A growing waistline warns of increased risk for heart disease, even for those of normal weight according to their Body Mass Index (BMI). The findings come from a new study published in the May 10 issue of the Journal of the American College of Cardiology. The results of the study indicate that having excess belly fat is just as great a risk factor for cardiovascular disease as having very high blood cholesterol, or smoking a pack of cigarettes a day, especially among men.
The researchers pointed out that their findings challenge the theory known as “obesity paradox” that suggests that having a higher BMI provides a better chance for survival of coronary artery disease than for people of normal weight. However, the findings indicate that it may be possible for people to be overweight without significantly increasing their heart risk, as long as the extra fat they carry is located in places other than their belly.
According to lead study author Dr. Thais Coutinho, a cardiology fellow at the Mayo Clinic in Rochester, Minnesota, “We suspected that the obesity paradox was happening because BMI is not a good measure of body fatness and gives no insight into the distribution of fat.” She further explained, “BMI is just a measure of weight in proportion to height. What seems to be more important is how the fat is distributed on the body.” A BMI between 18.5 and 25 is normal, while between 25 and 29.9 is considered overweight, and a total of 30 or more is considered obese.
For their analysis, the researchers reviewed data gathered from five studies spanning the globe that involved nearly 16,000 people from United States, Denmark, France and Korea who suffered from coronary artery disease. Findings showed that for people with coronary artery disease coupled with central obesity, the risk of death was almost doubled. During the study, central obesity was determined by waist circumference and waist-to-hip ratio. Coutinho said, “All it takes is a tape measure and one minute of a physician’s time to measure the perimeter of a patient’s waist and hip.”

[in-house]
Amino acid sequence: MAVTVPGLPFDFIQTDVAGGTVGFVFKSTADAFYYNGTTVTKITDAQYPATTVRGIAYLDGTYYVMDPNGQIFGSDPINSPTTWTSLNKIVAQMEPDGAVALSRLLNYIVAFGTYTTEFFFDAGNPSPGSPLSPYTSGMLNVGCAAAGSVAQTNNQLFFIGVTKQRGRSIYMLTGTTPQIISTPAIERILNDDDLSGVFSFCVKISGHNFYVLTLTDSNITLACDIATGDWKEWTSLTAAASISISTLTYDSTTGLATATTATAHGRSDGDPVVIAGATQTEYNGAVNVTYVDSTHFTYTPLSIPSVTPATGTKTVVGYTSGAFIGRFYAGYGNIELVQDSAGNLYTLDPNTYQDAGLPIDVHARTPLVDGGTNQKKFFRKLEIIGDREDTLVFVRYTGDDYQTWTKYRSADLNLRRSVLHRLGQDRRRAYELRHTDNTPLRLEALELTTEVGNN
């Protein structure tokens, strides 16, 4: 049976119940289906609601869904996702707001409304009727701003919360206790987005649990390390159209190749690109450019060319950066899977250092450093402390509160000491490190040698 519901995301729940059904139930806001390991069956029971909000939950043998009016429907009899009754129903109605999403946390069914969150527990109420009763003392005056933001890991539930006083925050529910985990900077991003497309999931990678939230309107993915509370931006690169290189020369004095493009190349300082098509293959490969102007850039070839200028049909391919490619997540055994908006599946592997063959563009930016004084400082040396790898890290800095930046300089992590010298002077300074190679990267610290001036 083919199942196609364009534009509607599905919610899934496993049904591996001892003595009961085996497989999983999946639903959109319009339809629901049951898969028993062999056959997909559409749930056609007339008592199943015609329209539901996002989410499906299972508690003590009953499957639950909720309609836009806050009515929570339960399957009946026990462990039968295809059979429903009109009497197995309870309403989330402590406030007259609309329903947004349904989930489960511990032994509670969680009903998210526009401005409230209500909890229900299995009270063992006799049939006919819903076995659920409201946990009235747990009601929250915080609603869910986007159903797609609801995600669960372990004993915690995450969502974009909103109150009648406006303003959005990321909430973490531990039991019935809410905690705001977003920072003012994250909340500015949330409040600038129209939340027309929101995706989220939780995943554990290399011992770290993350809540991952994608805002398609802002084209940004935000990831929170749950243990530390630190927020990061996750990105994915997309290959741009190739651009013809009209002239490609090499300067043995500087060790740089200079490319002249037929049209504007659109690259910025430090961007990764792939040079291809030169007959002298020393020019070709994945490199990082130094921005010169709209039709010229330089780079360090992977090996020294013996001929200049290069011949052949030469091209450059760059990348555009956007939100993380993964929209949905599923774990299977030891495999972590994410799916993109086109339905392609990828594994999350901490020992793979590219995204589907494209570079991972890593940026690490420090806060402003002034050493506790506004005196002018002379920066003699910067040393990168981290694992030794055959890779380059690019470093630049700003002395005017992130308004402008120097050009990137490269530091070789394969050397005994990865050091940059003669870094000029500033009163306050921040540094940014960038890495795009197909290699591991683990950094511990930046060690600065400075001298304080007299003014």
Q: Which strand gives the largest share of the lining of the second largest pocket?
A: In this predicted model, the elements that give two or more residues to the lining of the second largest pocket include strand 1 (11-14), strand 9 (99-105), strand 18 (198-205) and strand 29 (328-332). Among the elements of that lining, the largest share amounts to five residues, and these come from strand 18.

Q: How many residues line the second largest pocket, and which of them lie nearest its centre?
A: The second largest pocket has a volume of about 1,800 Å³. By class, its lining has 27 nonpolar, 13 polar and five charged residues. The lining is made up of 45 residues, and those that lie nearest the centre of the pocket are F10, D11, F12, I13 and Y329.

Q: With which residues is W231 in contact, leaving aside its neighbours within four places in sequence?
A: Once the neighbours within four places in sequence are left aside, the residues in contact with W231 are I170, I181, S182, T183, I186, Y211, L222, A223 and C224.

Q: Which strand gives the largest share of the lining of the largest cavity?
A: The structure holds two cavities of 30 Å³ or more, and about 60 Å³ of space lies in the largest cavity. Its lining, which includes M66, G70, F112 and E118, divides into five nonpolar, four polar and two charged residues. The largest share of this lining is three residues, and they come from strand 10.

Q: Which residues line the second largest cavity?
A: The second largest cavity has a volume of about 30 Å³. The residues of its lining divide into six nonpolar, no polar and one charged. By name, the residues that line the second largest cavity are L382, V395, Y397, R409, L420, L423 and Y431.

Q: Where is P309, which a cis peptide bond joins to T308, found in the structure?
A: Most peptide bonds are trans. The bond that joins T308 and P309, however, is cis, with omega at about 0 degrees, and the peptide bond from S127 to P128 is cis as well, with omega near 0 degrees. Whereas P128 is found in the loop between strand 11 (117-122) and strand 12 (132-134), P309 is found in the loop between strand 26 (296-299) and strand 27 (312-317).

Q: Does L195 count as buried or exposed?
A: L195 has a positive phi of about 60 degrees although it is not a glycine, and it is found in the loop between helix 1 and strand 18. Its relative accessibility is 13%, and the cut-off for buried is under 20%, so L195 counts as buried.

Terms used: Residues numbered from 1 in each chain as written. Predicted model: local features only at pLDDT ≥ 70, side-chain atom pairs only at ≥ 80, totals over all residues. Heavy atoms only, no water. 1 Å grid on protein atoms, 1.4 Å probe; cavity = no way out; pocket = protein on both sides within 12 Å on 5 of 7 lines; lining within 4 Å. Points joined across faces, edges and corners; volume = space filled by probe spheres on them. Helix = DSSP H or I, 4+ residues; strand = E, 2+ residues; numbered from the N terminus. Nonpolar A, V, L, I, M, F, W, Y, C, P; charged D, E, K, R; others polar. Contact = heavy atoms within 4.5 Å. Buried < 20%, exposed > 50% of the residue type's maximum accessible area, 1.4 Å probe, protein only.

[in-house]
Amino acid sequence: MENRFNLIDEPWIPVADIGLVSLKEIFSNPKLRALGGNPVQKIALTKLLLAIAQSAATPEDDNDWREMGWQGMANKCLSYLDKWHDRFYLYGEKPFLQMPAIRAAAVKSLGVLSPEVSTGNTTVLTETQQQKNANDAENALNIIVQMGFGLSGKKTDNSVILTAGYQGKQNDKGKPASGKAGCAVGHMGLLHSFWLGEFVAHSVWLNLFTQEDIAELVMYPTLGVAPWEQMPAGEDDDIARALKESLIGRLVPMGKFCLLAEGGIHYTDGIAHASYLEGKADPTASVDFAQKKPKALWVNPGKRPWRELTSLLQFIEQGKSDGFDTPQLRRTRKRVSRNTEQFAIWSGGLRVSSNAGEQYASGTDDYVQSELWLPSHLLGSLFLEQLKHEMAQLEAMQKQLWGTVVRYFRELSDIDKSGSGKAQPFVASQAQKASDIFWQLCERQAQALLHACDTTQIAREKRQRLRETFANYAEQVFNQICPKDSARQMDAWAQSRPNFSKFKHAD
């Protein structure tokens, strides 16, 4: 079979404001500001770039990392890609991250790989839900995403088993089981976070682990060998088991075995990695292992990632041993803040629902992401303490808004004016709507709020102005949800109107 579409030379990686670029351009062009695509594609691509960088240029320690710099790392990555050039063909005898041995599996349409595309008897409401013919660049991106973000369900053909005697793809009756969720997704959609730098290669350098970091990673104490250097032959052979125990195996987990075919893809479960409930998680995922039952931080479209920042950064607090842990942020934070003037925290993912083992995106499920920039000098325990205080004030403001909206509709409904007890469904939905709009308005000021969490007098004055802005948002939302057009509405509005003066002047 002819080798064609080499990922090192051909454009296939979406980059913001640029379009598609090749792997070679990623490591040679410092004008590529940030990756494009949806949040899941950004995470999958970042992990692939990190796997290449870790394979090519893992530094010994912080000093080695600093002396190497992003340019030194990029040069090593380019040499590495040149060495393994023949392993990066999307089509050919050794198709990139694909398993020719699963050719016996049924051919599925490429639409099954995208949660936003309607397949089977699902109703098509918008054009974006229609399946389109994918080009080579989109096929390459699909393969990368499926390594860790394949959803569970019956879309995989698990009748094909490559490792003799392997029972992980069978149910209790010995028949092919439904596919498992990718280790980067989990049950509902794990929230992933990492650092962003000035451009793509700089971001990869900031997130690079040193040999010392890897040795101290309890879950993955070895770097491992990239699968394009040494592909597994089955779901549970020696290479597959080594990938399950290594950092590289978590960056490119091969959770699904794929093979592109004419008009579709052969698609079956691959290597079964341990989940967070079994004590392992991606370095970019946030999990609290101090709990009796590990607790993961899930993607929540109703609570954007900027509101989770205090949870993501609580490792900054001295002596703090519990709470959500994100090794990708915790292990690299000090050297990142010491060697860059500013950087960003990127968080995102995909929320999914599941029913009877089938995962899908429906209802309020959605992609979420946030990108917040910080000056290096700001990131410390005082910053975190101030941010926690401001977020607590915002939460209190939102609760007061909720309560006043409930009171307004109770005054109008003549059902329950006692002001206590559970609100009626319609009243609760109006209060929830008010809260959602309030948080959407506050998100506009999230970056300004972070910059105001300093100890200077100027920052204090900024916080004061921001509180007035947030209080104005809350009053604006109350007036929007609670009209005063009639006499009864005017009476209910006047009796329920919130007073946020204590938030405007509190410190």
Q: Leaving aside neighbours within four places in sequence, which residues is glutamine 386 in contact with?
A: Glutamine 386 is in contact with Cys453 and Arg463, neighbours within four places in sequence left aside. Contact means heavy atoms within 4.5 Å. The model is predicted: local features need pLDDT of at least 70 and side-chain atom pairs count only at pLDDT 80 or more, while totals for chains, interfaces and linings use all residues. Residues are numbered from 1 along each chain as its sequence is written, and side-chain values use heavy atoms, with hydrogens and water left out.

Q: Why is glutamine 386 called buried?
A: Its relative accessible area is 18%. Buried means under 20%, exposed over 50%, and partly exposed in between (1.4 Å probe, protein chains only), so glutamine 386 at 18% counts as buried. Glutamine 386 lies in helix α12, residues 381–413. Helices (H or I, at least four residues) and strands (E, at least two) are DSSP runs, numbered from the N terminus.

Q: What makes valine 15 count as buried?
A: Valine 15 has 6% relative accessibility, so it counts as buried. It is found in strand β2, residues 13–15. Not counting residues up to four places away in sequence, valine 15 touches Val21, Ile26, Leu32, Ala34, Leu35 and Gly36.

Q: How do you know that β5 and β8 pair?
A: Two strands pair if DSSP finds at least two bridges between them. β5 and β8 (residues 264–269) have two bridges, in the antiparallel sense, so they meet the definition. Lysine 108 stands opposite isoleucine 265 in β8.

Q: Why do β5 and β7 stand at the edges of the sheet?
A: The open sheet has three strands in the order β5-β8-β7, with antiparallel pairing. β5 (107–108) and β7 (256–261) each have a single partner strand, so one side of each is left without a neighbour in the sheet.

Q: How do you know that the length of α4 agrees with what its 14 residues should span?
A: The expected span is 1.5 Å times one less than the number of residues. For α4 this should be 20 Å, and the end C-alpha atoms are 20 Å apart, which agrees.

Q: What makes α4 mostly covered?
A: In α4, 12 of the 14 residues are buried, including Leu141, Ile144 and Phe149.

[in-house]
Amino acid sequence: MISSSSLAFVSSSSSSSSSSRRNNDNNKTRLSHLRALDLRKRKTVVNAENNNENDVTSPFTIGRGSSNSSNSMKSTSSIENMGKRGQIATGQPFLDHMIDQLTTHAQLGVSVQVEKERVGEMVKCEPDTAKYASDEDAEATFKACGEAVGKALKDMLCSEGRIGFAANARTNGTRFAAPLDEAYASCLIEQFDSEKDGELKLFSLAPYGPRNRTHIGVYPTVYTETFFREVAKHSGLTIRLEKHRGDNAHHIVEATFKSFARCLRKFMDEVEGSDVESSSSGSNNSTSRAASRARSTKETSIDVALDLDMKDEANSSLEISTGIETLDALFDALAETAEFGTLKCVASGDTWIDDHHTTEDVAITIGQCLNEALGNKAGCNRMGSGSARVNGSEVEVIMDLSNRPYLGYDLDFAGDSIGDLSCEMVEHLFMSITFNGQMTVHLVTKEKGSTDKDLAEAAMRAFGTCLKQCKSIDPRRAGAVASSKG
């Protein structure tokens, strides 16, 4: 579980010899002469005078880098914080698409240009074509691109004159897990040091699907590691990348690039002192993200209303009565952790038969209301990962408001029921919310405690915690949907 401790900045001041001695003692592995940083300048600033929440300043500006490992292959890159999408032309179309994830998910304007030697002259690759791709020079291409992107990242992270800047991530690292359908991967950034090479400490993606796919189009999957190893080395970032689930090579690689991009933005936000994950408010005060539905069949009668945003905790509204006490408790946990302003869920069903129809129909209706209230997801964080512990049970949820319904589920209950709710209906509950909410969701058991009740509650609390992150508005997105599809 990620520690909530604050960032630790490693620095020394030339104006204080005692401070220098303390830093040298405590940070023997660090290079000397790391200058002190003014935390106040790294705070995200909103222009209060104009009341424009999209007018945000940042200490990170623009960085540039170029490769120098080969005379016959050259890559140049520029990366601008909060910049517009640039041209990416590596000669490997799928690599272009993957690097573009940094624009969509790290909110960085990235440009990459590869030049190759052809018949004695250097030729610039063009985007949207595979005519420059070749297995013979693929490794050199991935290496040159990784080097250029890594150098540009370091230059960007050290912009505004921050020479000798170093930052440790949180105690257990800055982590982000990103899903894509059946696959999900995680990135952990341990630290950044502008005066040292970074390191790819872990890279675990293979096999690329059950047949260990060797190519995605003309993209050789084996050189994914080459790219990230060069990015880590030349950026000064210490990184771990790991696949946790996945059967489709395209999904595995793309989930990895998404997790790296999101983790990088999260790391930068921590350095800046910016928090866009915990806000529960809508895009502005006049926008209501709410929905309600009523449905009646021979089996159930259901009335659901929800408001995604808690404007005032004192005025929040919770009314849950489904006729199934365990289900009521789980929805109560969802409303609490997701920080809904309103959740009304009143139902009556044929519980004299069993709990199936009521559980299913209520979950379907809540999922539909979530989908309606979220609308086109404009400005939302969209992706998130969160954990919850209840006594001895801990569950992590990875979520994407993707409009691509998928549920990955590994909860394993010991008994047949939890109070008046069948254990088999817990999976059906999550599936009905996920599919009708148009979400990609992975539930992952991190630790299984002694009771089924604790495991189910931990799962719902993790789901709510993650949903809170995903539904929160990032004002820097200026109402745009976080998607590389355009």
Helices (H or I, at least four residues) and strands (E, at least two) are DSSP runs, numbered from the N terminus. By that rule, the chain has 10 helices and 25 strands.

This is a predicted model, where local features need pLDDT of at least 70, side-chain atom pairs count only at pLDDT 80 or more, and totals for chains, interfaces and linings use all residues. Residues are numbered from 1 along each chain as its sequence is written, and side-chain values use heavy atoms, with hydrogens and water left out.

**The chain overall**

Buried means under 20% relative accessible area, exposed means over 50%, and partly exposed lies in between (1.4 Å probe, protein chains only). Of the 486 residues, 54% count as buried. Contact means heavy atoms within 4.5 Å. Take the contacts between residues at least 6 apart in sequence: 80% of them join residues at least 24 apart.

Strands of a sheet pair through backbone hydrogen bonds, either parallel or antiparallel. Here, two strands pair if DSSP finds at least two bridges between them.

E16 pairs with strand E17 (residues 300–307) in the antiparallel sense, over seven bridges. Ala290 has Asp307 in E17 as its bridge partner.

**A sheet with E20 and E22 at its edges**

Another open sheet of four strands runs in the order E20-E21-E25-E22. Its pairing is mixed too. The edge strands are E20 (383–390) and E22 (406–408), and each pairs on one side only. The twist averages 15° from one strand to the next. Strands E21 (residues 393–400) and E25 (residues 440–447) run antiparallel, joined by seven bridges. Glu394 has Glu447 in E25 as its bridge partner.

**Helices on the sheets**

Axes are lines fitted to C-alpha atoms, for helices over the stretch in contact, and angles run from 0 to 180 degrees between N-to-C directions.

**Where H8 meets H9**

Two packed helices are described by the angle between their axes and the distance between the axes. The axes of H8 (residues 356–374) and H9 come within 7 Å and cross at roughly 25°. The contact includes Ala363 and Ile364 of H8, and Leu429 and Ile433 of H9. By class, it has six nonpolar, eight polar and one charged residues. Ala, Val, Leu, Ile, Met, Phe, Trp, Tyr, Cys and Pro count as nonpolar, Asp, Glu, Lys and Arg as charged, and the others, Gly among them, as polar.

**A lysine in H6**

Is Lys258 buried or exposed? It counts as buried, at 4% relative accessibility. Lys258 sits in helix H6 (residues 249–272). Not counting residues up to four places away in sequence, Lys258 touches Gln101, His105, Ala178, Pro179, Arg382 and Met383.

In a news release, Dr. Francisco Lopez-Jimenez, lead investigator in the study, and director of Mayo’s Cardiometabolic Program explained, “Visceral fat has been found to be more metabolically active. It produces more changes in cholesterol, blood pressure and blood sugar. However, people who have fat mostly in other locations in the body, specifically the legs and buttocks, don’t show this increased risk.”
The study authors noted that to accurately assess the health risk of patients, healthcare providers need to go beyond the indications of BMI and counsel those with large waistlines, or high waist-to-hip ratios on the importance of weight loss.
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